Another account of the analogy is offered by Roger White: “We may […] regard the metaphorical sentence as a ‘Duck-Rabbit’; it is a sentence that may simultaneously be regarded as presenting two different situations; looked at one way, it describes the actual situation, and looked at the other way, an hypothetical situation with which that situation is being compared.” (White 1996, 115). So we are supposed to take the abovementioned metaphor of Keats, in analogy to the duck/rabbit ambiguity, as presenting in one reading the imagination (i.e. the actual situation) and in another reading a monastery (a hypothetical situation). The holistic trait of the aspect remains preserved here. But the recipient won’t be dubious about the two aspects. Both of them are given together with the duck/rabbit. And now we are told that both situations, i.e. aspects, should be compared. Also, what the analogy yields is only that in the metaphor “A is B” both terms should be compared. If all three elements are already given, why should the reader compare the situations? I do not want to question that White gives a plausible explanation of such comparison, but it is not a consequence of this analogy.

    Nevertheless, both accounts share, in my view, the same defect: there are given two situations/aspects which should be compared or merged. But we do not know how. Furthermore, both authors do not use Wittgenstein’s subsequent reflections about the dawning of an aspect and about the role played by concepts in the perception. A dawning of an aspect is for Wittgenstein “half visual experience, half thought” (Ms 144, 45 [PI II, xi]), it is “an amalgam of the two” (ibid, 46). These considerations have to be employed in our analogy.

    Let me outline my positive view. As aforesaid, Wittgenstein uses the duck/rabbit as an example for a potential experience of a change (or dawning) of aspect: “Only through the phenomenon of change of aspect does the aspect seem to be detached from the rest of the seeing. It is as if, after the experience of change of aspect, one could say ‘So there was an aspect there!’” (Ts 229, 228 [RPP I, § 415]). But aspects can change without getting this specific experience, e.g. someone can fail in recognizing the ambiguity of the figure. He cannot speak of aspects, but something has changed which is Wittgenstein calling “conception” or “way of taking” (Auffassung): “If there were no change of aspect then there would only be a way of taking” (Ms 137, 9b, original italics [RPP II, § 436]). Aspect-blind people never see an aspect but only various conceptions. If someone wants to report an aspect, he has to take a conception. Thus: “An aspect has admittedly a name of a conception, but a conception can persist without the persisting of an aspect.” (Ms 132, 182, my translation). The aspect coincides with the conception on the language side. The statement “It’s a duck.” can stand either for (an exclamation of) the aspect or only for (a report of) the conception.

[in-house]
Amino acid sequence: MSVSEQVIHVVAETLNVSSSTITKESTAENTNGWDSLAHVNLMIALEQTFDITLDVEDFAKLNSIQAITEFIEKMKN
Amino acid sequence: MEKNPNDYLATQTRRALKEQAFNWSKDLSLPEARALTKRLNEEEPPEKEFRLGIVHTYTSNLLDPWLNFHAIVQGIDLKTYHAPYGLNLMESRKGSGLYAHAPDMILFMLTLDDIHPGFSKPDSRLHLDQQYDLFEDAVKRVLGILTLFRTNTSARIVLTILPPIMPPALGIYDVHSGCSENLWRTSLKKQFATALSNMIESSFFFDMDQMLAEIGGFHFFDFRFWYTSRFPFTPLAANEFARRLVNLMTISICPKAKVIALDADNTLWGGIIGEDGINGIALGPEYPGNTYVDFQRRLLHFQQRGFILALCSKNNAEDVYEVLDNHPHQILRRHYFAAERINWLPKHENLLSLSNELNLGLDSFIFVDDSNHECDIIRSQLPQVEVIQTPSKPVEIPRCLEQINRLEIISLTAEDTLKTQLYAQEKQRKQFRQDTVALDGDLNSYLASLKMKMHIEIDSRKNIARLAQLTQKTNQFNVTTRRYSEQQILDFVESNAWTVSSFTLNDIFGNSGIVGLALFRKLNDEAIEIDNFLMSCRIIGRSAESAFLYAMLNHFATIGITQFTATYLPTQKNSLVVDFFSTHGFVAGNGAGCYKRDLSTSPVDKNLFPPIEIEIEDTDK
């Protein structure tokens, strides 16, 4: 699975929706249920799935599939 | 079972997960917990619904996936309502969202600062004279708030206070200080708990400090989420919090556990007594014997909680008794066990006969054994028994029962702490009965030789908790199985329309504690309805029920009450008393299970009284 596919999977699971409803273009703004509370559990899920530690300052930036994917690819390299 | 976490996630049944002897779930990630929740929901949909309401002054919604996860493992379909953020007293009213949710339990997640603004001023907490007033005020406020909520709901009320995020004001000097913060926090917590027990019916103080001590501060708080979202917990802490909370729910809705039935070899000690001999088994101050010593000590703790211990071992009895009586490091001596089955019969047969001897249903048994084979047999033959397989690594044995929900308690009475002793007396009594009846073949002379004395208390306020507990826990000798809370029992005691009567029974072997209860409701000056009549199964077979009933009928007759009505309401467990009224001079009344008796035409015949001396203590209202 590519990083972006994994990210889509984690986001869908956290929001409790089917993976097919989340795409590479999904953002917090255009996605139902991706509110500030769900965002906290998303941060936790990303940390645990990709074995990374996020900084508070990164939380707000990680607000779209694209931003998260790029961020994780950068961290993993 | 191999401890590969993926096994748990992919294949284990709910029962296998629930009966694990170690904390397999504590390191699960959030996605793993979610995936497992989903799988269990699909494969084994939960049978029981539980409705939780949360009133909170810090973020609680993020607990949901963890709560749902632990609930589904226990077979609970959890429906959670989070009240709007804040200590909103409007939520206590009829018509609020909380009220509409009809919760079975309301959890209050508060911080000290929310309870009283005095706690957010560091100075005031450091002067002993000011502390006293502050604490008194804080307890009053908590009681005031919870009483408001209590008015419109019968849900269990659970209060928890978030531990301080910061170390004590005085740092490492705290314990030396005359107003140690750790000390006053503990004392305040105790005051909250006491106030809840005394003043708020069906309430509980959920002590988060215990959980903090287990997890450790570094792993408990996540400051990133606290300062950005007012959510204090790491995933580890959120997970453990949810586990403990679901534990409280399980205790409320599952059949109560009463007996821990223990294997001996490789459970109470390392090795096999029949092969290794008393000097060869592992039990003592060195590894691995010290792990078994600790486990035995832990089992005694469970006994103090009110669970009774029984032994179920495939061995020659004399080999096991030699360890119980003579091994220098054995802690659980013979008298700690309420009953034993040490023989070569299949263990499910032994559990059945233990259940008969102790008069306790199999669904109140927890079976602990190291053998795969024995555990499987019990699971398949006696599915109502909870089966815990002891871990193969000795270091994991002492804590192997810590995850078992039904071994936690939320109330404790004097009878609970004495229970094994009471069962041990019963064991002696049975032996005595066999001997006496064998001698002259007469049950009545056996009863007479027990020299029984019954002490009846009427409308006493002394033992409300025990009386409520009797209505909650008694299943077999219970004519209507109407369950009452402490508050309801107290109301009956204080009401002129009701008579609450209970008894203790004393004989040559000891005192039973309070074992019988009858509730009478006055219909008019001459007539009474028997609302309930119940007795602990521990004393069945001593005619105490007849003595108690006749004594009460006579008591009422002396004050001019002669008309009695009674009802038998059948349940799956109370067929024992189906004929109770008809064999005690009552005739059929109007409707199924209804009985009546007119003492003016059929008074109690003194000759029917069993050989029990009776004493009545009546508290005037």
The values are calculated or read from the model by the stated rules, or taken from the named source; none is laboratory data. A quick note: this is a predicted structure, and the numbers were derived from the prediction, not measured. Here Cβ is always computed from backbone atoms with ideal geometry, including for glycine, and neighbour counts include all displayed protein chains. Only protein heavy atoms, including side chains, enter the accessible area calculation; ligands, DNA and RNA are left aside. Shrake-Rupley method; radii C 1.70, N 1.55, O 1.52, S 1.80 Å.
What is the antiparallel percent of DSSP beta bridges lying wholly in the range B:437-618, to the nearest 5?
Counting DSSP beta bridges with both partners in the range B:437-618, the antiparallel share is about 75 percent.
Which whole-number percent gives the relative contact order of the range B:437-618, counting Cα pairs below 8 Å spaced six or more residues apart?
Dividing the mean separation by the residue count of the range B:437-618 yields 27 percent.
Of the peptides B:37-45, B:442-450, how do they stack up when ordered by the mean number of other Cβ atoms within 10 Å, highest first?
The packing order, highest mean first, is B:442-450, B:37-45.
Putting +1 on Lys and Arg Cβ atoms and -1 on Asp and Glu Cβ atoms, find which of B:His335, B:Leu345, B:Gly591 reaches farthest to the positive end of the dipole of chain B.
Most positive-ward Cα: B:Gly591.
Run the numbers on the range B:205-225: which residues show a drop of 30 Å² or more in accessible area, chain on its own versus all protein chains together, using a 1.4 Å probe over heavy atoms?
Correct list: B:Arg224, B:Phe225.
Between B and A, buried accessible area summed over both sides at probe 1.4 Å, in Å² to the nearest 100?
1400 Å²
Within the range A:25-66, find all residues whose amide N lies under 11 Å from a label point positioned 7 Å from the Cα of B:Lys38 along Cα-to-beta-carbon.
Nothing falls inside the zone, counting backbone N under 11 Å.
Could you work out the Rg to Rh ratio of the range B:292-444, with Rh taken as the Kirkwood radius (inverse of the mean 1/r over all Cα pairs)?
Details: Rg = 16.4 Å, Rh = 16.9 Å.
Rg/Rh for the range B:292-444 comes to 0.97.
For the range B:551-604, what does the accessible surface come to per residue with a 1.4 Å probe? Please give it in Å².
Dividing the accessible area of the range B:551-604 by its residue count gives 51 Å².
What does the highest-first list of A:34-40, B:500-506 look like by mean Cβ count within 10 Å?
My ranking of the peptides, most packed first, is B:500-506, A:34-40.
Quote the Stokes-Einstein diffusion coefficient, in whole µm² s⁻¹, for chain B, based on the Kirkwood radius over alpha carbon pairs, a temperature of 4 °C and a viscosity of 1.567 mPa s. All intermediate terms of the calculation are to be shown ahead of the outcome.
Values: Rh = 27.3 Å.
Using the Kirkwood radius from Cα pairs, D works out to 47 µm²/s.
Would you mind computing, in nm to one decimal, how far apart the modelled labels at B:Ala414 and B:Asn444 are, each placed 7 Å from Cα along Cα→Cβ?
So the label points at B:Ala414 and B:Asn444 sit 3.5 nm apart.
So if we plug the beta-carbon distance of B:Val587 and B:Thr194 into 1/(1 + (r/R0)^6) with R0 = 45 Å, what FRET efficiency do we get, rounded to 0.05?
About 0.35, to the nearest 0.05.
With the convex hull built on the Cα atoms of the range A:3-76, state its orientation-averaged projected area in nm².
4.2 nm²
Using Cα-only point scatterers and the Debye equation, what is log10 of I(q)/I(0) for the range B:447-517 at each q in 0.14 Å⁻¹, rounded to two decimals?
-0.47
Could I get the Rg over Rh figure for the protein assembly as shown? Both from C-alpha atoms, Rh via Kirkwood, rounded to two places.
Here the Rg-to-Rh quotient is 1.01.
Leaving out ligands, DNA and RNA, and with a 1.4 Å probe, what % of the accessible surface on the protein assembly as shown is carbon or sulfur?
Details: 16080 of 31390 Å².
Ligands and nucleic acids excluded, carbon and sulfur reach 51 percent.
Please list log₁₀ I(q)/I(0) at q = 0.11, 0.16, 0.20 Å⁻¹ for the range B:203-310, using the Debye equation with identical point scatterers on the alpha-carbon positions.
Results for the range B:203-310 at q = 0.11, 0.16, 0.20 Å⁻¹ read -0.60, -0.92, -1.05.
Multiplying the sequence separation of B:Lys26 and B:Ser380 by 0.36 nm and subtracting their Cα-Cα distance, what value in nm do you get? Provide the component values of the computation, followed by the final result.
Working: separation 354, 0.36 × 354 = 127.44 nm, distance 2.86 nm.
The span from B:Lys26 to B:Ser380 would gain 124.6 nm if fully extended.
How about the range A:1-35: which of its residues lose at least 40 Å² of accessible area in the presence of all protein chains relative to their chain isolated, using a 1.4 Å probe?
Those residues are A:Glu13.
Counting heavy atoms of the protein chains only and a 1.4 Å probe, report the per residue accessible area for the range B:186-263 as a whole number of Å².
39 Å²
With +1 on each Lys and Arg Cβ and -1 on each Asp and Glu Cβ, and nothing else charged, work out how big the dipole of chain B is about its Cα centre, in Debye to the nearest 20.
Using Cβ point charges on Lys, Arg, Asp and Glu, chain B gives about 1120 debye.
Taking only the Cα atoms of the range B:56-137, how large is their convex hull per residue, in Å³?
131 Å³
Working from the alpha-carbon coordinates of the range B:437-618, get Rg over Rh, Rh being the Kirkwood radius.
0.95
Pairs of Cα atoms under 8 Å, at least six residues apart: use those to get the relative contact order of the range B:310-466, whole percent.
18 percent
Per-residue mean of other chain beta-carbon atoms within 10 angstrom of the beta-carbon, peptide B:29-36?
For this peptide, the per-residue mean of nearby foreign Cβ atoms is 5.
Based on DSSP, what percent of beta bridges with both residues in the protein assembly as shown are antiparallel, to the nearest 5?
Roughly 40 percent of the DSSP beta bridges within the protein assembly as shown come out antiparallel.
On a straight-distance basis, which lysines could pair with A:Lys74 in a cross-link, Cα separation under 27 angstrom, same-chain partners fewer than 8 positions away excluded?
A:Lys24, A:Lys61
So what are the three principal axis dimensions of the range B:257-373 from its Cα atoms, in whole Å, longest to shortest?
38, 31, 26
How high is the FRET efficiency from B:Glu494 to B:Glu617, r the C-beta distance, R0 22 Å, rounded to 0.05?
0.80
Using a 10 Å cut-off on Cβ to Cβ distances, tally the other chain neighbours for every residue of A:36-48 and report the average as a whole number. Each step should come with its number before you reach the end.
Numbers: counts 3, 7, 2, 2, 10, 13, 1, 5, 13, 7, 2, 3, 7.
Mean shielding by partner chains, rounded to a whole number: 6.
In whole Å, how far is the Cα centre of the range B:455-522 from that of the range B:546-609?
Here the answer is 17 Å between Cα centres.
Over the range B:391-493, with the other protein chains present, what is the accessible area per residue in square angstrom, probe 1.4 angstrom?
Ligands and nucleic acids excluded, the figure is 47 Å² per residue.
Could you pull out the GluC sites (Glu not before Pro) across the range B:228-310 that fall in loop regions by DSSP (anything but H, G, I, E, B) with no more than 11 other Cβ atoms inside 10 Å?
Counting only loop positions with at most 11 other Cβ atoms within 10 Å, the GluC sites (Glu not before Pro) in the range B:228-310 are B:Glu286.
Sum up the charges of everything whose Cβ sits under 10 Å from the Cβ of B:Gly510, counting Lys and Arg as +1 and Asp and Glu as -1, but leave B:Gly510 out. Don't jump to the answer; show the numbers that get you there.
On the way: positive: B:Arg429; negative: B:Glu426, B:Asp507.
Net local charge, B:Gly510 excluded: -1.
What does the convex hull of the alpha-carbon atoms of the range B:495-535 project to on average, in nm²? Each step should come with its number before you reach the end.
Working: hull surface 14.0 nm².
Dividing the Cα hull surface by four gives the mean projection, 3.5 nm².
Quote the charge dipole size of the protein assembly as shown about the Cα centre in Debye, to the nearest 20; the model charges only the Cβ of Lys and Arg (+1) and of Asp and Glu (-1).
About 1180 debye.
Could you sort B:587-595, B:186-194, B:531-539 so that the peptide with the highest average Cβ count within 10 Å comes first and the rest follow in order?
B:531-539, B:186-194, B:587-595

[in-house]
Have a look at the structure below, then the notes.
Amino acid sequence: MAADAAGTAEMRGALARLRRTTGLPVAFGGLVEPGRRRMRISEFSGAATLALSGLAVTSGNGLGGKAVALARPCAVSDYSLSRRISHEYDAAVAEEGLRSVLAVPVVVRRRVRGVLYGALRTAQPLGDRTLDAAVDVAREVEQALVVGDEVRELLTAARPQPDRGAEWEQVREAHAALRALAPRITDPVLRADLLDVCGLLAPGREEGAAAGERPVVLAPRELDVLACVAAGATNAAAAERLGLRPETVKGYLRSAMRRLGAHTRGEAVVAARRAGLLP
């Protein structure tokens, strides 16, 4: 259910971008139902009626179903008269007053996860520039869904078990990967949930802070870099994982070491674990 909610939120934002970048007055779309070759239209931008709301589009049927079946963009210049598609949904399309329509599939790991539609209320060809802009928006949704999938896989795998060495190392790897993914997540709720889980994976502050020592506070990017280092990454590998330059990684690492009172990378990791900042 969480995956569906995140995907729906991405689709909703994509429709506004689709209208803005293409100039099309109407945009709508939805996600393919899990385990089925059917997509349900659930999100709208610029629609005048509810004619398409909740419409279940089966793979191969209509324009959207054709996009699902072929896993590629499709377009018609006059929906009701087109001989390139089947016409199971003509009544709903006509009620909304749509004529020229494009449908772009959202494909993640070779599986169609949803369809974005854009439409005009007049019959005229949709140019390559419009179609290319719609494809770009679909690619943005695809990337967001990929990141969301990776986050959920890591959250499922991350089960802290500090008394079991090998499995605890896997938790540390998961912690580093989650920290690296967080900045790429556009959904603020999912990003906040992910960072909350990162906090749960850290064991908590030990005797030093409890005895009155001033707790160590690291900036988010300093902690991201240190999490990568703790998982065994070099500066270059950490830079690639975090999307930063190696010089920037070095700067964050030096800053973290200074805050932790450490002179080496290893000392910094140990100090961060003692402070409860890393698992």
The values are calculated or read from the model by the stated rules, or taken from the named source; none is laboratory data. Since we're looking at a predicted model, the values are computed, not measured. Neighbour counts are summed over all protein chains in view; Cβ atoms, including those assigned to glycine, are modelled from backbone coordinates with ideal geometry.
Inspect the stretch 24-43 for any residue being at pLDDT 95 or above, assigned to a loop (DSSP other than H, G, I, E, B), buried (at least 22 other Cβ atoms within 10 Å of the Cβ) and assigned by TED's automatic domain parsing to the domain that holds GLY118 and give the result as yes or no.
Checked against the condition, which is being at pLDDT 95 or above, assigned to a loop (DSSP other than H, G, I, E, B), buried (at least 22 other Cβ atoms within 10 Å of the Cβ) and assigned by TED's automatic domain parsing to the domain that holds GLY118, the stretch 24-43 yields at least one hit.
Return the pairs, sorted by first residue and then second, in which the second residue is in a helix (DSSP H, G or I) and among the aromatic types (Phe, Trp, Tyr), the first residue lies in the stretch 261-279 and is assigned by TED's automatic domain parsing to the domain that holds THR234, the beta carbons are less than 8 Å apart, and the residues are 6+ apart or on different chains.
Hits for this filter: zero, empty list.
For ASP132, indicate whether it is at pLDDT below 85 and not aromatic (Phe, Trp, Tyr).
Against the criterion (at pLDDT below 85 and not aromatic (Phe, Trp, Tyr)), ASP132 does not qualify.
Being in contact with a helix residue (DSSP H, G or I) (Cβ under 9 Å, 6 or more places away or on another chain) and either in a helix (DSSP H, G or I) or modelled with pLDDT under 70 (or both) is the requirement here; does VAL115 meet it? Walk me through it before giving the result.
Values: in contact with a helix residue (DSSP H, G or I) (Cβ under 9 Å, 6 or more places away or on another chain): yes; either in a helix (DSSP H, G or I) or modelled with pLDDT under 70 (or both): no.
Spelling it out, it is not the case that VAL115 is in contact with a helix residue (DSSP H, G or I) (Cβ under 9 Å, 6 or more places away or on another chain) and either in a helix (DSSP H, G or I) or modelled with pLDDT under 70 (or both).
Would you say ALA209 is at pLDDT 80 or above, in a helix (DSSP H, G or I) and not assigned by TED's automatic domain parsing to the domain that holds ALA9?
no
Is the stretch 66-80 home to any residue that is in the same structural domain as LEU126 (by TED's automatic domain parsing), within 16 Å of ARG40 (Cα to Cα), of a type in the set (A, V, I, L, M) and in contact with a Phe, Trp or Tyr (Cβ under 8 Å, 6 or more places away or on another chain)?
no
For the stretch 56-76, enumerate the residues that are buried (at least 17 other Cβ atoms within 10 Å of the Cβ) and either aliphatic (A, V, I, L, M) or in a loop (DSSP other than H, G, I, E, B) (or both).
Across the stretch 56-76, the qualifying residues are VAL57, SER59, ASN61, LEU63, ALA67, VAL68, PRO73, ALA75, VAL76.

Being equipped with this distinction, we can more precisely analyze the concept of aspect. Wittgenstein says: “what I perceive in the dawning of an aspect is not a property of the object, but an internal relation between it and other objects.” (Ms 137, 128a, mine italics [PI II, xi]; cf. Ms 138, 5a). The concept of the internal relation is not as eminent in Wittgenstein’s late writings as in the Tractatus. In his early writings, an internal relation is a relation between the sign and the thing signified (or between proposition and its reference). There are, in addition, internal relations between two or more propositions, e.g. logical relations. It is impossible for a thing not to have some internal relations. For Wittgenstein’s late philosophy holds up that there is an internal relation between thinking and seeing which can be perceived in the dawning of an aspect.

    But from the last quotation it is difficult to infer what the objects involved are. Ter Hark is considering three possibilities: “(i) One object is the geometrical constellation, the other is either the duck or the rabbit. (ii) One object is the duck, the other is the rabbit. (iii) One object is the change of aspect, the other is either the duck or the rabbit.” (Ter Hark 1990, 182f.). The second possibility is out of the question because the duck and the rabbit are two exclusive ways of seeing. Ter Hark argues against (i) also as follows: (a) the duck/rabbit can be identified independently of the duck or the rabbit and (b) the duck/rabbit is not necessary to describe the aspects. Therefore, there has to be an external relation between the duck/rabbit and the duck or the rabbit. These objections are valid only if the constellation would be seen neither as the duck, nor as the rabbit (cf. Jantschek 1996, fn. 75). But then the duck and the rabbit are standing for conceptions, not for aspects and thus there would be no relation at all, neither internal, nor external. Ter Hark concludes in favor of (iii). Surely, there must be an internal relation between the experience of the change of aspect and the conceptions involved. But this is not the relation Wittgenstein means. The quotation above implies that one term in the relation is the perceived object, i.e. the duck/rabbit. The formulation (i) should be thus refined so that in the dawning of the aspect there is perceived an internal relation between the considered object (i.e. the duck/rabbit) and the duck-aspect or the rabbit-aspect respectively.